Posted in Privacy Officers

Privacy Profession

For Privacy Pros: A Look At Your Job Tomorrow

By Eduardo Ustaran, CIPP/E

It is pretty obvious that the privacy profession is changing fast.

Once the realm of an elite of nerdy specialists, the profession is opening up to include a whole range of professionals with a variety of talents, training and skill sets. And whilst the complexity of the challenges faced by those with responsibility for managing information, protecting data and safeguarding individual privacy remains as high as in the early days, the implications of addressing those challenges correctly are becoming exponentially greater. If we succeed, we will not only have contributed to the prosperity of future generations, but we will have also done our bit to preserve everyone’s freedom.

More from Eduardo Ustaran

Opinion

Should Privacy Professionals Have a Code of Ethics?

By K Royal, CIPP/US, CIPP/E

To more accurately assess this inquiry, I looked outside of associations based solely on one’s education and looked for associations based on one’s role or job and I found several examples of codes of ethics for professionals. There are members of IAPP who are also members of some of these other professional associations: HCCA, ISC2, SCCE, just to name a few. Additionally, many members of the IAPP are licensed attorneys and bound by the ethics of their license; such is also true for medical professionals, accountants, social workers, teachers, and many other fields. Alex Fowler addressed this same issue.

Having experience in the medical, educational and legal environments, I am acquainted with the potential for conflict between professional obligations. For example, I occasionally faced conflicts between my obligations as a nurse and my obligations as an attorney. While there is always an eventual decision made after careful analysis, this decision is not always concrete and is subject to context and opinion.

More from K Royal

Ethics

An Open Letter to Privacy Professionals: We Need to Earn the Public’s Trust

The recent news about the extent to which the U.S. government is monitoring the communications, online interactions and activities of American citizens brings into question our ethical responsibilities as privacy professionals.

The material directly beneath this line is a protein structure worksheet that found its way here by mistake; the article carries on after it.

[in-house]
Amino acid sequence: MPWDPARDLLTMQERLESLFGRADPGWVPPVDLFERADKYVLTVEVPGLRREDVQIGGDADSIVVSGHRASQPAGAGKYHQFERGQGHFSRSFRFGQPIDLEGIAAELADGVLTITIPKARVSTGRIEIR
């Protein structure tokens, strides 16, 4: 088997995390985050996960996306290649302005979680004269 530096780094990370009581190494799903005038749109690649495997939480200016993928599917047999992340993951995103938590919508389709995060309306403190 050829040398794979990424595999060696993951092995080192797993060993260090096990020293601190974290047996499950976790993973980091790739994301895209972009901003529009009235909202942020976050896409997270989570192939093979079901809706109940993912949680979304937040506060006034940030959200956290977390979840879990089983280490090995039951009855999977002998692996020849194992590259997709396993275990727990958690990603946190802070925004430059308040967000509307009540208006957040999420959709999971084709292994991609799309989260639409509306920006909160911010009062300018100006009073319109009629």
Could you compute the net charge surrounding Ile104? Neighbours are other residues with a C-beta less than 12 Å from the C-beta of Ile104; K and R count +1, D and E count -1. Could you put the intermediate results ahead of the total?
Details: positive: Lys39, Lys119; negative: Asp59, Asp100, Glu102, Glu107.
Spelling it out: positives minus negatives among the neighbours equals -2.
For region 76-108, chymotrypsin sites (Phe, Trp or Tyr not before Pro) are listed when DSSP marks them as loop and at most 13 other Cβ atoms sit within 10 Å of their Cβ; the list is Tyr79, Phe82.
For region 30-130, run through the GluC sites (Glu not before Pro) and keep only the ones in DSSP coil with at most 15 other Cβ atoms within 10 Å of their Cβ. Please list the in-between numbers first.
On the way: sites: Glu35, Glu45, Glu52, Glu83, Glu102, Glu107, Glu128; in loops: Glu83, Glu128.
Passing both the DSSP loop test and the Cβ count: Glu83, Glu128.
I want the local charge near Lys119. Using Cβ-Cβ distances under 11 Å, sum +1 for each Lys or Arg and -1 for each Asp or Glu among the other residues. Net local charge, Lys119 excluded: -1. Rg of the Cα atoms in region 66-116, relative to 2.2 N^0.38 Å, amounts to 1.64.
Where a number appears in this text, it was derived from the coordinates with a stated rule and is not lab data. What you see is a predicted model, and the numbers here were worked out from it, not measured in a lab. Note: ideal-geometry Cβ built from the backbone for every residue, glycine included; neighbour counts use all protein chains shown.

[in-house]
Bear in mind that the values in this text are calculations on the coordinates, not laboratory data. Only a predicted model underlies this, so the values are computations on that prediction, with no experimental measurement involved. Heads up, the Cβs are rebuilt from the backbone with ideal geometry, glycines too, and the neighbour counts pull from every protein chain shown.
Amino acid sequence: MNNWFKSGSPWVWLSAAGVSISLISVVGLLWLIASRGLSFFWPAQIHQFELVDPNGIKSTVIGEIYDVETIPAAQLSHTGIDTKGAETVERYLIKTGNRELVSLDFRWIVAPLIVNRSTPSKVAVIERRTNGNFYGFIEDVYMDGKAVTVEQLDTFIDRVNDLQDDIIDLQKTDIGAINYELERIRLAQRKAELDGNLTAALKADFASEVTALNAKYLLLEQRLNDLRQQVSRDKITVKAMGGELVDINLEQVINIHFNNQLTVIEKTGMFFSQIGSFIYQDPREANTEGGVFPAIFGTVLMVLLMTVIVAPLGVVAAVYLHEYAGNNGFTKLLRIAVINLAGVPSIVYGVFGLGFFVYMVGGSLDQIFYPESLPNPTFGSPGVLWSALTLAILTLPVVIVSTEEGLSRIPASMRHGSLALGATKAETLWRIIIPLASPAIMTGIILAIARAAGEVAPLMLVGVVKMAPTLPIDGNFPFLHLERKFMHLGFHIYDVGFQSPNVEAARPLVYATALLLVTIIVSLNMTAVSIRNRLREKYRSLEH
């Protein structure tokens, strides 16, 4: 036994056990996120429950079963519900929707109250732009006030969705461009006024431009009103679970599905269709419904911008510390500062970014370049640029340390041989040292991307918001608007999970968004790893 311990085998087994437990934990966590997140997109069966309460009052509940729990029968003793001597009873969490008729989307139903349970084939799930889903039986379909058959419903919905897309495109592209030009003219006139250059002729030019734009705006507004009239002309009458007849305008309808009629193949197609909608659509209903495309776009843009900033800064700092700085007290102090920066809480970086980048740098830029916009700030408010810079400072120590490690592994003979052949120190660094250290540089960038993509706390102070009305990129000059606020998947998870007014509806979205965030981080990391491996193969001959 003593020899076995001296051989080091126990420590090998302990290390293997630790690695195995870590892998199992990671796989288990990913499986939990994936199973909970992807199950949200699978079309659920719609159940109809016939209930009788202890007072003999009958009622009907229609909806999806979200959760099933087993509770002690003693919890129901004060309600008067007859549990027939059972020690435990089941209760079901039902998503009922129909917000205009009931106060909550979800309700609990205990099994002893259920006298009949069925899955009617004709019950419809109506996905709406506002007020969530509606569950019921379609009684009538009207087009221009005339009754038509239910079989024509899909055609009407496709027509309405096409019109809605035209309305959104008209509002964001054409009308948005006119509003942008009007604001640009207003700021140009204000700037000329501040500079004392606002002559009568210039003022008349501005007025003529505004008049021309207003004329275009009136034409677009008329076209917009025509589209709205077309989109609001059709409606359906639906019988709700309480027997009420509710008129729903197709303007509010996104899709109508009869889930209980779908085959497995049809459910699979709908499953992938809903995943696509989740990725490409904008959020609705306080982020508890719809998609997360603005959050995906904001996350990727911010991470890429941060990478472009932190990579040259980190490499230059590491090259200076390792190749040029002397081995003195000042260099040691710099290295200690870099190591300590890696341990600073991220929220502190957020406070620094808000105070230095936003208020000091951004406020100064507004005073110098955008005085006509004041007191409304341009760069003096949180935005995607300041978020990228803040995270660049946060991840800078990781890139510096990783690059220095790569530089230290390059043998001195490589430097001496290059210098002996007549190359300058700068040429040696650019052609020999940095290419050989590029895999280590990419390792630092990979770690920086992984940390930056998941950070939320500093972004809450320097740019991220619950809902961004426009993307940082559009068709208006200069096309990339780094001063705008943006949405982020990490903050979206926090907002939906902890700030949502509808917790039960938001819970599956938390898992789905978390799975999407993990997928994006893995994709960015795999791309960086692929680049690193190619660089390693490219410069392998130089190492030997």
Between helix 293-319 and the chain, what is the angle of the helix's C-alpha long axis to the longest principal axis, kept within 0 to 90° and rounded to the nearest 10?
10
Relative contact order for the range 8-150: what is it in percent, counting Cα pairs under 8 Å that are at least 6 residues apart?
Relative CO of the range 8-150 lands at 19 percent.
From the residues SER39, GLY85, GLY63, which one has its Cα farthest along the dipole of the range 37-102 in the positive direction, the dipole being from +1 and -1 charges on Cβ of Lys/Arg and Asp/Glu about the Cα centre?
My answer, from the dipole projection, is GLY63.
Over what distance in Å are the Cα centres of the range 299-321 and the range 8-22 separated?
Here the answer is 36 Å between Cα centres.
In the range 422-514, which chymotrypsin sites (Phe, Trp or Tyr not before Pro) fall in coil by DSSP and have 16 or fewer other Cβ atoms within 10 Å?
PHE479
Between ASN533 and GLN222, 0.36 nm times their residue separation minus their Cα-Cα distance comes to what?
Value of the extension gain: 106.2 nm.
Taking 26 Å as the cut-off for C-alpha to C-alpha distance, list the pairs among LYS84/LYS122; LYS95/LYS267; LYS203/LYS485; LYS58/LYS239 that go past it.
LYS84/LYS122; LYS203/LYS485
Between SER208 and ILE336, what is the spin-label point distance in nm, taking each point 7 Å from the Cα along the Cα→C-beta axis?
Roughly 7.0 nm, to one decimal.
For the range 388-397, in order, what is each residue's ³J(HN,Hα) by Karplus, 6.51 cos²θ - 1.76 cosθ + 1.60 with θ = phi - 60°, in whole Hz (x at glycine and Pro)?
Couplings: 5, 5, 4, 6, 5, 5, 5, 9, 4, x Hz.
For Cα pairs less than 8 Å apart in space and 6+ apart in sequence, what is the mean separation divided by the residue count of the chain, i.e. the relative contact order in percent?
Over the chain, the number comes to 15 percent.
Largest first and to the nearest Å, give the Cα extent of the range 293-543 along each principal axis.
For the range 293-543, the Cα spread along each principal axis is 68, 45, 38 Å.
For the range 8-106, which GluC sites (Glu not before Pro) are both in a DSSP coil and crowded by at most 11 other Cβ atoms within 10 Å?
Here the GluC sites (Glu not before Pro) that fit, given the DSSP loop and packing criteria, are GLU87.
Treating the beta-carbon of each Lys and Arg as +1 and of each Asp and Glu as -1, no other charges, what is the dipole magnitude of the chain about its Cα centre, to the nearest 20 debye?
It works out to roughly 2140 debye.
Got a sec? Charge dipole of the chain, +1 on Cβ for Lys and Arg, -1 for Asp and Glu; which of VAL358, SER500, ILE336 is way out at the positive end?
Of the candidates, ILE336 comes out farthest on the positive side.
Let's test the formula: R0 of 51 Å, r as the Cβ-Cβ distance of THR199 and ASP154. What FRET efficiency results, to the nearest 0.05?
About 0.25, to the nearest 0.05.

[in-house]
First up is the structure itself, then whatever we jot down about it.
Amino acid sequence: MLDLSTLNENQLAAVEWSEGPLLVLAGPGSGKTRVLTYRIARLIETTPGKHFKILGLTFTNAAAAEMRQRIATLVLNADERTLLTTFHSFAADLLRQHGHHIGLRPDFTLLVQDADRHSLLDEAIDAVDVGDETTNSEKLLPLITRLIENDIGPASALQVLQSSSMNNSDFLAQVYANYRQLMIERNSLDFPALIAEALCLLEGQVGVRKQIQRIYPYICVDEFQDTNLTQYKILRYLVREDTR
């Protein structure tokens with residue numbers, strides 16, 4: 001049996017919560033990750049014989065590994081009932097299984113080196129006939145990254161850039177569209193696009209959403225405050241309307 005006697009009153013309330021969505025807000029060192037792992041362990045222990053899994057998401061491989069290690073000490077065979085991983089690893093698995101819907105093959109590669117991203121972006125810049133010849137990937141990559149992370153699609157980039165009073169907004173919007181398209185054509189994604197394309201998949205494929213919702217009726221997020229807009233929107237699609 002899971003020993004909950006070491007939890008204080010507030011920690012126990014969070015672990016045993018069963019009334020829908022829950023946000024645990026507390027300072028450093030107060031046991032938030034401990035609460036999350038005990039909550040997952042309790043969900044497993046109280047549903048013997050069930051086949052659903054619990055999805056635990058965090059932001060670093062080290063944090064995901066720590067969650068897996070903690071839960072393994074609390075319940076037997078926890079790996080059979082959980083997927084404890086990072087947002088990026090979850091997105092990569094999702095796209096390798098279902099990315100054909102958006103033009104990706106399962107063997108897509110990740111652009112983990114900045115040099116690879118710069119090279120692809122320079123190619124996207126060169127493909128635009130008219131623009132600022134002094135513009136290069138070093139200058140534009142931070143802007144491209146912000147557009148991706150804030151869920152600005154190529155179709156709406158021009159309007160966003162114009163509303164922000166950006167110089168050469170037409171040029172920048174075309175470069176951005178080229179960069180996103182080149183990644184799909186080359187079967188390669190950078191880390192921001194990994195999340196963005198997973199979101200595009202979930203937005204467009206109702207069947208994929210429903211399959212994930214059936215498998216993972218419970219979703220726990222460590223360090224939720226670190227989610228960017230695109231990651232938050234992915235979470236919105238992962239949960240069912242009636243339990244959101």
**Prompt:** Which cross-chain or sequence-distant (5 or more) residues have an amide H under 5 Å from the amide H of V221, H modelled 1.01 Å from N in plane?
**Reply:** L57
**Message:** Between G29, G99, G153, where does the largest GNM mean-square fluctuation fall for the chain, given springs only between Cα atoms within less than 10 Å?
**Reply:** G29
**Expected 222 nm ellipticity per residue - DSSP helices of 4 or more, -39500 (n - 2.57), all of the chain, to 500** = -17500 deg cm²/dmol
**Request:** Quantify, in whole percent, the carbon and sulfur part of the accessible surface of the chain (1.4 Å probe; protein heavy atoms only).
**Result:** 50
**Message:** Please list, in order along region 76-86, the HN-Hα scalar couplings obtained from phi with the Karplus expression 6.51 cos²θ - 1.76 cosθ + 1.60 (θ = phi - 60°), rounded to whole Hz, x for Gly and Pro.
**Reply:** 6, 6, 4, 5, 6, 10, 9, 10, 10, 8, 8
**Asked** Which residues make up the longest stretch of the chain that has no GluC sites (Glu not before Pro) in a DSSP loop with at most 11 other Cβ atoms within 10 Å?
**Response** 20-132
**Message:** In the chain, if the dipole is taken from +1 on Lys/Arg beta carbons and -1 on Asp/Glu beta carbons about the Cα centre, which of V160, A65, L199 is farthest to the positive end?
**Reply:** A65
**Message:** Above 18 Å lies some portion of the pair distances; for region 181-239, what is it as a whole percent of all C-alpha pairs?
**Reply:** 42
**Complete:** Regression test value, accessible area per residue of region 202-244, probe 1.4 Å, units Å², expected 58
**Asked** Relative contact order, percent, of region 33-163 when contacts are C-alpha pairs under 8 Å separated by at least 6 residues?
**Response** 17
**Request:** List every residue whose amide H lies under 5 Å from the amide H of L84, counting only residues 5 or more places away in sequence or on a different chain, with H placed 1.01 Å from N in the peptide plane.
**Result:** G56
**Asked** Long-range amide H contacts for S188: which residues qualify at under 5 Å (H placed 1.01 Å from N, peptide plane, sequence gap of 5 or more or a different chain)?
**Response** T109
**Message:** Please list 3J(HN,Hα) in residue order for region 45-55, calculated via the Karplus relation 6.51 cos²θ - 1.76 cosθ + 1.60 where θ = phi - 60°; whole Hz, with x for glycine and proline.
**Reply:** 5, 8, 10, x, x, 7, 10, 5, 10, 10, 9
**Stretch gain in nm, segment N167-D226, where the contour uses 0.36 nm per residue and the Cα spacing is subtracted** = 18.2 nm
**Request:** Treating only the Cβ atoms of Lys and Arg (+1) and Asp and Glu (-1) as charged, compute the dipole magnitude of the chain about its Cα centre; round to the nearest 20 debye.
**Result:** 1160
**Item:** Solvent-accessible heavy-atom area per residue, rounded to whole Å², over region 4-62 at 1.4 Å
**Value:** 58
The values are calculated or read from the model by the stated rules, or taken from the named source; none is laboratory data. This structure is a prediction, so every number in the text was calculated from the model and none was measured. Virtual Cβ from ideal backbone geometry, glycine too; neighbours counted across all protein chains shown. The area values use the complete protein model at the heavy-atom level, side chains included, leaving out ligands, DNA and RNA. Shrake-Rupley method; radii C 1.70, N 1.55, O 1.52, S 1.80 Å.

All of the companies caught up in the news that complied with secret court orders to hand over bulk user data have privacy officers and dedicated teams of privacy professionals. Yet the extent to which any of these privacy teams were involved or were aware of these orders is unclear. This simple irony provokes reflection on the role of privacy professionals and our associated ethical and social responsibilities.

More from Alex Fowler

Opinion

Bridging the EU-U.S. Privacy Gap

By J. Trevor Hughes, CIPP

Privacy has always been a difficult concept to define, and privacy issues are complex.

For Europeans, privacy is a human right, while for Americans, privacy tends to be about liberty. It’s often thought that the Holocaust and the rise of totalitarianism in 20th century Europe have been the catalysts behind the region’s strong privacy and data protection regimes.

A recent book by Edwin Black, in detailed research, examines Nazi Germany’s use of the computer’s forebear to aid in systematic genocide. These Hollerith machines and punch cards helped the Third Reich organize and carry out the atrocities of the Holocaust. And in post-war Europe, the widespread use of surveillance and coercion informed and empowered the Stasi, the KGB and other totalitarian enforcers.

But is that the real reason the U.S. and Europe have such seemingly differing cultural constructions of privacy?

More from J. Trevor Hughes

Privacy on the Ground

The Modern Privacy Function: Balancing Strategy with the Operational

Our previous posts reported some initial conclusions from almost one hundred interviews of leading corporate privacy officers, regulators and other privacy professionals in five countries. The second post explored one surprising finding—that the two countries in which privacy officers were most empowered were Germany and the United States, countries which couldn’t be more different in terms of their regulatory framework—and explored some of the reasons for privacy officer strength in Germany. 

This final post explores a caution raised by privacy officers in both the public- and private-sector regarding particular risks created by attempts to ensure that privacy is part of high-level deliberations within a corporation—risks that must be managed in developing policy regarding privacy.

More from Deirdre Mulligan

Privacy on the Ground

Why Are German and U.S. Practices so Similar, if Their Regulatory Structures Are so Different?

Our previous post began to explore findings from almost one hundred interviews of leading corporate privacy officers, regulators and other privacy professionals in five countries—and what they can teach us about how the structure of the corporate privacy function can affect the success of measures to protect privacy.

We ended that post with a surprising finding: The two countries in which privacy officers were most empowered, and most involved in shaping firm strategy, couldn’t be more different in terms of their regulatory substance and form—Germany and the U.S.

More from Deirdre Mulligan

Privacy on the Ground

Operationalizing Privacy: How Empowered Is Your Privacy Office?

Where should privacy professionals be positioned within the organization?

What level of independence and authority do privacy officers need so that they can embed a value as complicated as privacy—at times in tension with a whole host of bottom-line commitments, from identifying terrorists to placing effective ads—into a complex organization?

And if privacy is to be delivered through designs and defaults, as well as policy, where should privacy professionals be positioned within the firm?

More from Deirdre Mulligan